Similarly, China’s ruthless authoritarianism under President Xi Jinping, persecution of the Uyghurs and of activists, drive for regional hegemony, crackdown on Hong Kong, threats toward Taiwan, and confrontational diplomacy in Europe have also hardened attitudes in Berlin. Owing to cybersecurity concerns, the German government is planning new restrictions on telecommunications providers that would effectively bar the Chinese company Huawei from the country’s 5G network. In September 2020, China’s foreign minister, Wang Yi, got an unusual public scolding in Berlin from his host and German counterpart, Heiko Maas, who told him, “We offer our international partners respect, and we expect the exact same from them.” Growing numbers of representatives in the Bundestag have demanded a tougher line on China. Yet when Germany held the rotating EU presidency in the second half of 2020, Merkel pushed through a Chinese-EU investment agreement despite loud concern on both sides of the Atlantic.
Nothing, however, has been quite as excruciating for Merkel as having to deal with a hostile United States under President Donald Trump. As a young woman in East Germany, she dreamed of traveling to America; in 1993, she spent four weeks touring California with the man who would become her second husband. As chancellor, she became a dedicated transatlanticist, even defending President George W. Bush’s war in Iraq. Obama appeared to her to be a lightweight at first, but she grew genuinely close to him; it was Obama who urged her to run for a fourth term because of the risk to Europe from Trump. Trump turned out to harbor a relentless animosity toward the EU, Germany, and the chancellor. In May 2017, after Trump’s first appearance at a G-7 summit, Merkel told a campaign audience in a Bavarian beer tent, “The era in which we could fully rely on others is over to some extent.”
Merkel welcomed Biden’s election with warmth (and palpable relief). Her defense minister, Annegret Kramp-Karrenbauer, who shares her views on the importance of the alliance with the United States, keeps pushing for greater defense spending and a more forward-leaning German military posture. But it is also true that Germany’s security capabilities have been woefully underfunded for far too long. Like Merkel’s dithering over standing up to Moscow and Beijing, German military weakness has undercut the security of Europe and NATO.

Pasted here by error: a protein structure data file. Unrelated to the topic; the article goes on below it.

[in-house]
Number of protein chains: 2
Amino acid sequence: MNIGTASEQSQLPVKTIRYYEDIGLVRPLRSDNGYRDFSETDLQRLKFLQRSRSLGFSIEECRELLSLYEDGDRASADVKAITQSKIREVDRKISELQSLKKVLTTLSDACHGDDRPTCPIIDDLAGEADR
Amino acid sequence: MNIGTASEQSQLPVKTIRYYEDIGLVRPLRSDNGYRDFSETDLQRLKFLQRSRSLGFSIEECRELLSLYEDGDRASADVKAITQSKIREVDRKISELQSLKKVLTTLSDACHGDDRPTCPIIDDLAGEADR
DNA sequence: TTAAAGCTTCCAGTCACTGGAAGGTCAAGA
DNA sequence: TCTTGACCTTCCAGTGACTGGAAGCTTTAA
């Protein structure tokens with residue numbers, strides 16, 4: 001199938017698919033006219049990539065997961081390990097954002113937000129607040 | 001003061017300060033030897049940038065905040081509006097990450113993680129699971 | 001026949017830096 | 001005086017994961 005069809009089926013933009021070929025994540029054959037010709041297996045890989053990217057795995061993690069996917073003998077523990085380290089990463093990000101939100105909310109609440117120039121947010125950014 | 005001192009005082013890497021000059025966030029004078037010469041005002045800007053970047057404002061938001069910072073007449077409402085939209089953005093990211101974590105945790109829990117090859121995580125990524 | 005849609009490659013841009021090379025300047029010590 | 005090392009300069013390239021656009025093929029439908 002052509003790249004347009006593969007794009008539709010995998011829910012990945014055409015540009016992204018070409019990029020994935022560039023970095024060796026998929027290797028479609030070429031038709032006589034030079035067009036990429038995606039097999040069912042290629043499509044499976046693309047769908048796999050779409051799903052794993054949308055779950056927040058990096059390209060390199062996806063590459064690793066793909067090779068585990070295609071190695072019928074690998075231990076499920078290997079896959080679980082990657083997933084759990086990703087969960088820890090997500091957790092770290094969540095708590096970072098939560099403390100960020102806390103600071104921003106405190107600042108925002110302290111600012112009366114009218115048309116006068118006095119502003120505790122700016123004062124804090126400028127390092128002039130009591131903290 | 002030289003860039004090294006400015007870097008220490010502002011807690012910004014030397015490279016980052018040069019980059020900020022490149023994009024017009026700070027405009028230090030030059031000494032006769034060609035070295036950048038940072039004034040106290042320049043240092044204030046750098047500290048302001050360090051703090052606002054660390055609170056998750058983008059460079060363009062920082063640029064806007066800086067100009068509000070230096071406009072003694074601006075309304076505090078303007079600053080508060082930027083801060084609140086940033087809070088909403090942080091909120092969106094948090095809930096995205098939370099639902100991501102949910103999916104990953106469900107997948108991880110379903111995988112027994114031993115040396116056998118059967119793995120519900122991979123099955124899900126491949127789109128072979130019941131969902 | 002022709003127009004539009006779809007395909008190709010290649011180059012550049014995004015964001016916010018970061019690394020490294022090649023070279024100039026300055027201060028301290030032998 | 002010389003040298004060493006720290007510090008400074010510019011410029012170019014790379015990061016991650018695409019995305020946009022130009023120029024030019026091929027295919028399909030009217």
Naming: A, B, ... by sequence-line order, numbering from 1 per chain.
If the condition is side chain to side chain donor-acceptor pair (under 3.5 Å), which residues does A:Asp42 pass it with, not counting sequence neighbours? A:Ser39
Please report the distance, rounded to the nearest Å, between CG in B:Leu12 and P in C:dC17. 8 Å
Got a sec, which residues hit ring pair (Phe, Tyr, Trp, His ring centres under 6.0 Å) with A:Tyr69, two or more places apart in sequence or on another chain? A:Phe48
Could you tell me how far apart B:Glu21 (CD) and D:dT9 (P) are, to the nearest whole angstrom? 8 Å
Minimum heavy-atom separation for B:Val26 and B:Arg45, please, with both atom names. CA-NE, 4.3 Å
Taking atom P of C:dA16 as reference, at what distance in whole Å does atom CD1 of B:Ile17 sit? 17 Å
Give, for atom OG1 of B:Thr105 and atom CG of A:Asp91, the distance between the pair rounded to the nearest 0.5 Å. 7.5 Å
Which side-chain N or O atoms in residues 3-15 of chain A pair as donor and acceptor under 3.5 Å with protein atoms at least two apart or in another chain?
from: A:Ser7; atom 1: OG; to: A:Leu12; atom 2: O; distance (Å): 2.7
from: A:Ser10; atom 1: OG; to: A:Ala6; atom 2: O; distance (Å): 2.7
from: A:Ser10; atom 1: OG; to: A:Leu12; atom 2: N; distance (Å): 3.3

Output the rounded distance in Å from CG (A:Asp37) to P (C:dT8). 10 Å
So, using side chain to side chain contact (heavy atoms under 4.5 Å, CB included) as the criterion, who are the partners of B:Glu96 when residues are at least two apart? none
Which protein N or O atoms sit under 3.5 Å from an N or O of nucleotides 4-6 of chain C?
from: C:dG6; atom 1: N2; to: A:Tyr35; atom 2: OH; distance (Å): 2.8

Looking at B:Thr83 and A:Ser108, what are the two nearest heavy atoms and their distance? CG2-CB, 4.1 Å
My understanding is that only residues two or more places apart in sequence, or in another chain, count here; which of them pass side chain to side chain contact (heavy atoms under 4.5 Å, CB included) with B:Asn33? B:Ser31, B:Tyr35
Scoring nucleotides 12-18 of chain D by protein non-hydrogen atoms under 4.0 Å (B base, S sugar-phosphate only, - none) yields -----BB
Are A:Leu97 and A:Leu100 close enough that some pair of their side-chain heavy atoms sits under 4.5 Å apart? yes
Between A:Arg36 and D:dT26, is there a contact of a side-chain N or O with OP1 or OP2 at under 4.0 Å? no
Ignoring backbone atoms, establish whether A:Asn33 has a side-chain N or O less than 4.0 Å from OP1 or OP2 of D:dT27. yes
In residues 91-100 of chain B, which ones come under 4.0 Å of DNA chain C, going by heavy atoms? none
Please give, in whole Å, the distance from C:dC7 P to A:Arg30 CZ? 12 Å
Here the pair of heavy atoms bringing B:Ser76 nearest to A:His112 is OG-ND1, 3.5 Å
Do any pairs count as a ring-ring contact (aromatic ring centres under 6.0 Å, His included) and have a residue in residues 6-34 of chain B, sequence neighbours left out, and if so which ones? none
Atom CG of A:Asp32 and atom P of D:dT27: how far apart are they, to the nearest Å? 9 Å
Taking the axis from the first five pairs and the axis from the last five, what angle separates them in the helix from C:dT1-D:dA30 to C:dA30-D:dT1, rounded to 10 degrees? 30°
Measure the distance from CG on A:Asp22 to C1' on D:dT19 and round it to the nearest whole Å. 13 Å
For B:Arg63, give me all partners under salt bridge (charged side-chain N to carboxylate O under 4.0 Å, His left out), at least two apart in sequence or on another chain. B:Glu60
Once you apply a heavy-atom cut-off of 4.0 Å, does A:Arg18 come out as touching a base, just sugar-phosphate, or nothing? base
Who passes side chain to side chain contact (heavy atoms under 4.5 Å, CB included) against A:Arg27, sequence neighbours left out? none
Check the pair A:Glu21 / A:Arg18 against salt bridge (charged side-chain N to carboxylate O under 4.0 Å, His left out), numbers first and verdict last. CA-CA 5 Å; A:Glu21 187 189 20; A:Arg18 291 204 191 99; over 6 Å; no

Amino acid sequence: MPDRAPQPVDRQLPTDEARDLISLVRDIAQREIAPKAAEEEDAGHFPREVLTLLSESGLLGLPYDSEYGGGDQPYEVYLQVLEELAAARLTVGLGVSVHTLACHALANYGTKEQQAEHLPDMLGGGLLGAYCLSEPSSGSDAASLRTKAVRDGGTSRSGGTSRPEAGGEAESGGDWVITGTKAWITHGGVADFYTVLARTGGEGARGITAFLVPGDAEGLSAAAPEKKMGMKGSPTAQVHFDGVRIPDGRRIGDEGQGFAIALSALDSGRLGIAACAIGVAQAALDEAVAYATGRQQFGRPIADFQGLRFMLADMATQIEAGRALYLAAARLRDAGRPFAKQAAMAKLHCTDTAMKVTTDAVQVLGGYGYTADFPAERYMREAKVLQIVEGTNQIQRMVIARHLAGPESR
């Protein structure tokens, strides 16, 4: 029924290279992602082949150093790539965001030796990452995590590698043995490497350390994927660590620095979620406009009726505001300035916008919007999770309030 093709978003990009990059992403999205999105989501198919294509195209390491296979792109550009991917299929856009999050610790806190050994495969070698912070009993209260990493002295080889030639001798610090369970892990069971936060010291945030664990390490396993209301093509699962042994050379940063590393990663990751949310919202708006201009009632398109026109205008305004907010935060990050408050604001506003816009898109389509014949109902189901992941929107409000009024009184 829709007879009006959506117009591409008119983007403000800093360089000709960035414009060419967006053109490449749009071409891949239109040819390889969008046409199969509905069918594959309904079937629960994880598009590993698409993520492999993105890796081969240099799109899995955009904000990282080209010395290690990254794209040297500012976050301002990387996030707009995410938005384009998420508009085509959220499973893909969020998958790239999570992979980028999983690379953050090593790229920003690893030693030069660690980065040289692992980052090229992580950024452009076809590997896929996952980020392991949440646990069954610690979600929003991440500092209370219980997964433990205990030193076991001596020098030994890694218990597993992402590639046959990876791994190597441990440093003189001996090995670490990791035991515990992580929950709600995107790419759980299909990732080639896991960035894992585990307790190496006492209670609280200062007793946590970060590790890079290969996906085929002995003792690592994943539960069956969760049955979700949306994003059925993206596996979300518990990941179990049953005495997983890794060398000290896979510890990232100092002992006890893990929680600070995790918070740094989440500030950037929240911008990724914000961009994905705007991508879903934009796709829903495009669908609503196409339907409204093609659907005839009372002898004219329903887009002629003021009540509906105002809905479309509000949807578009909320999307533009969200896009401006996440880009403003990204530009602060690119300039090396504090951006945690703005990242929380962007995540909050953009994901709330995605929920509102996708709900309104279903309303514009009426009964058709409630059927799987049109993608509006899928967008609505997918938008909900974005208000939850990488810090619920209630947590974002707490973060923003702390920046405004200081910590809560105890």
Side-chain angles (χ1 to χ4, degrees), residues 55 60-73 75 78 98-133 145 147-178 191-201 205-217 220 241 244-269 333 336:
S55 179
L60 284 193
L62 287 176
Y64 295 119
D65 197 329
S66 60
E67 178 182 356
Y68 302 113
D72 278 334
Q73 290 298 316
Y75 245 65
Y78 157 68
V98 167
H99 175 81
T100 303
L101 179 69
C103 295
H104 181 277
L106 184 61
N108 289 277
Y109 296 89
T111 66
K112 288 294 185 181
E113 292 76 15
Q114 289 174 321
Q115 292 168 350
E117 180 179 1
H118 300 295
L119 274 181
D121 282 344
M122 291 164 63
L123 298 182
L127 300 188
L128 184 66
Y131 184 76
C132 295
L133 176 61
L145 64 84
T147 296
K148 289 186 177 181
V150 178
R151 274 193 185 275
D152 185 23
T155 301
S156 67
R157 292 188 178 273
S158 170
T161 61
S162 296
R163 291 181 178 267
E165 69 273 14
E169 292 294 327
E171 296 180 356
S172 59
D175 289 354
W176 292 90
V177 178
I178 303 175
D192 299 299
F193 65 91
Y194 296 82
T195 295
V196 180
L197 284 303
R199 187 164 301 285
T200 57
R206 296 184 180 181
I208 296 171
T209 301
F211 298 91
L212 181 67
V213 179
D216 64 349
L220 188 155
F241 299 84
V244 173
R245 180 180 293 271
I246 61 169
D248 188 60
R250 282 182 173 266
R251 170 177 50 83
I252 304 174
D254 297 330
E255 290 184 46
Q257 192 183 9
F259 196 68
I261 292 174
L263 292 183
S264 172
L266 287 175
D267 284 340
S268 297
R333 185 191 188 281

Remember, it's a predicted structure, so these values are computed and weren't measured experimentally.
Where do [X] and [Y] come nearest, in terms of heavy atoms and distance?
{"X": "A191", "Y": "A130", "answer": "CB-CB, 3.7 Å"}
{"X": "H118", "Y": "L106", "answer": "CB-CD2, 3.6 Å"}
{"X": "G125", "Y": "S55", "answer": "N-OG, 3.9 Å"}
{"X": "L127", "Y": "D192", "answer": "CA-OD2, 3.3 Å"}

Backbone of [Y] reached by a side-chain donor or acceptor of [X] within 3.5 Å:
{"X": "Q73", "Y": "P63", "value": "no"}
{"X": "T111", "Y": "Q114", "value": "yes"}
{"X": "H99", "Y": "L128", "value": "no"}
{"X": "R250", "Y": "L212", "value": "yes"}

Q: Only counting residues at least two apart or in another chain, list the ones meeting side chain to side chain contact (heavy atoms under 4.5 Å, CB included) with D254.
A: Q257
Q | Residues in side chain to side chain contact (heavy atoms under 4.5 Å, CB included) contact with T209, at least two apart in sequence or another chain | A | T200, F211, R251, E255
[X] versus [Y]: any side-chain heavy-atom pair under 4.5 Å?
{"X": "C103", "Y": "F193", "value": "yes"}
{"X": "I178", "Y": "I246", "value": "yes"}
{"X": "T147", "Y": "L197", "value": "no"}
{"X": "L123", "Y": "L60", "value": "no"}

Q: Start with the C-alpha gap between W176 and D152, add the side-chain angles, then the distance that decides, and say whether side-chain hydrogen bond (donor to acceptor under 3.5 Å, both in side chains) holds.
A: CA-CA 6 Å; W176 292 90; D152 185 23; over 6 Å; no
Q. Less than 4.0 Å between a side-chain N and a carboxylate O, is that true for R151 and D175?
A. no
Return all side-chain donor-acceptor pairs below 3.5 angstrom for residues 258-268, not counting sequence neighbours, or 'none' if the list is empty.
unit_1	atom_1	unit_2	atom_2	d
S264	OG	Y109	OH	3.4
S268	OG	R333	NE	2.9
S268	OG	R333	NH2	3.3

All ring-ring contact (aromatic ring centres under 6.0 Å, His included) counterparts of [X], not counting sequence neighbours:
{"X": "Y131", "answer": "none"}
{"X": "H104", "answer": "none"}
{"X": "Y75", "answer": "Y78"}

The darkening geopolitical landscape and the menace of the extreme right appear to have unleashed something in Merkel. According to a Der Spiegel story, she spoke to her party’s parliamentary group in 2018 about the bloody wars of religion that followed the Reformation. The ensuing more than six decades of peace, Merkel said, lulled Europeans into a false sense of security, making them unprepared for what came next: the Thirty Years’ War (1618–48), which killed up to a third of the population in some parts of German lands. To reinforce the message, she added, “More than 70 years have also passed since the end of World War II.”
When the pandemic began, Merkel was one of the first leaders to grasp that it could become a modern-day version of these early catastrophes. On March 18, 2020, the chancellor told a stunned nation in a televised address: “This is serious. You should take it seriously, too. Since German unification—no, since World War II—there has been no challenge like this one, where our common solidarity matters so much.” At first, it seemed as though her country had heeded her; in the spring and summer, German policymakers acted swiftly, decisively, and in unison. While the virus raged elsewhere, caseloads in Germany stayed low, and the country began to reopen. Germany—and Merkel—was being hailed as a shining example of leadership.
But now it appears that Merkel the scientist, crisis manager, and compromise broker is facing her greatest failure at home. Warnings (including hers) of a second pandemic wave were ignored. The result was a horrific winter spike; as of March 2021, the national death toll exceeded 70,000. The wealthy, well-ordered Germany that took on the task of integrating one million refugees in 2015 is now struggling to deliver tests and vaccines.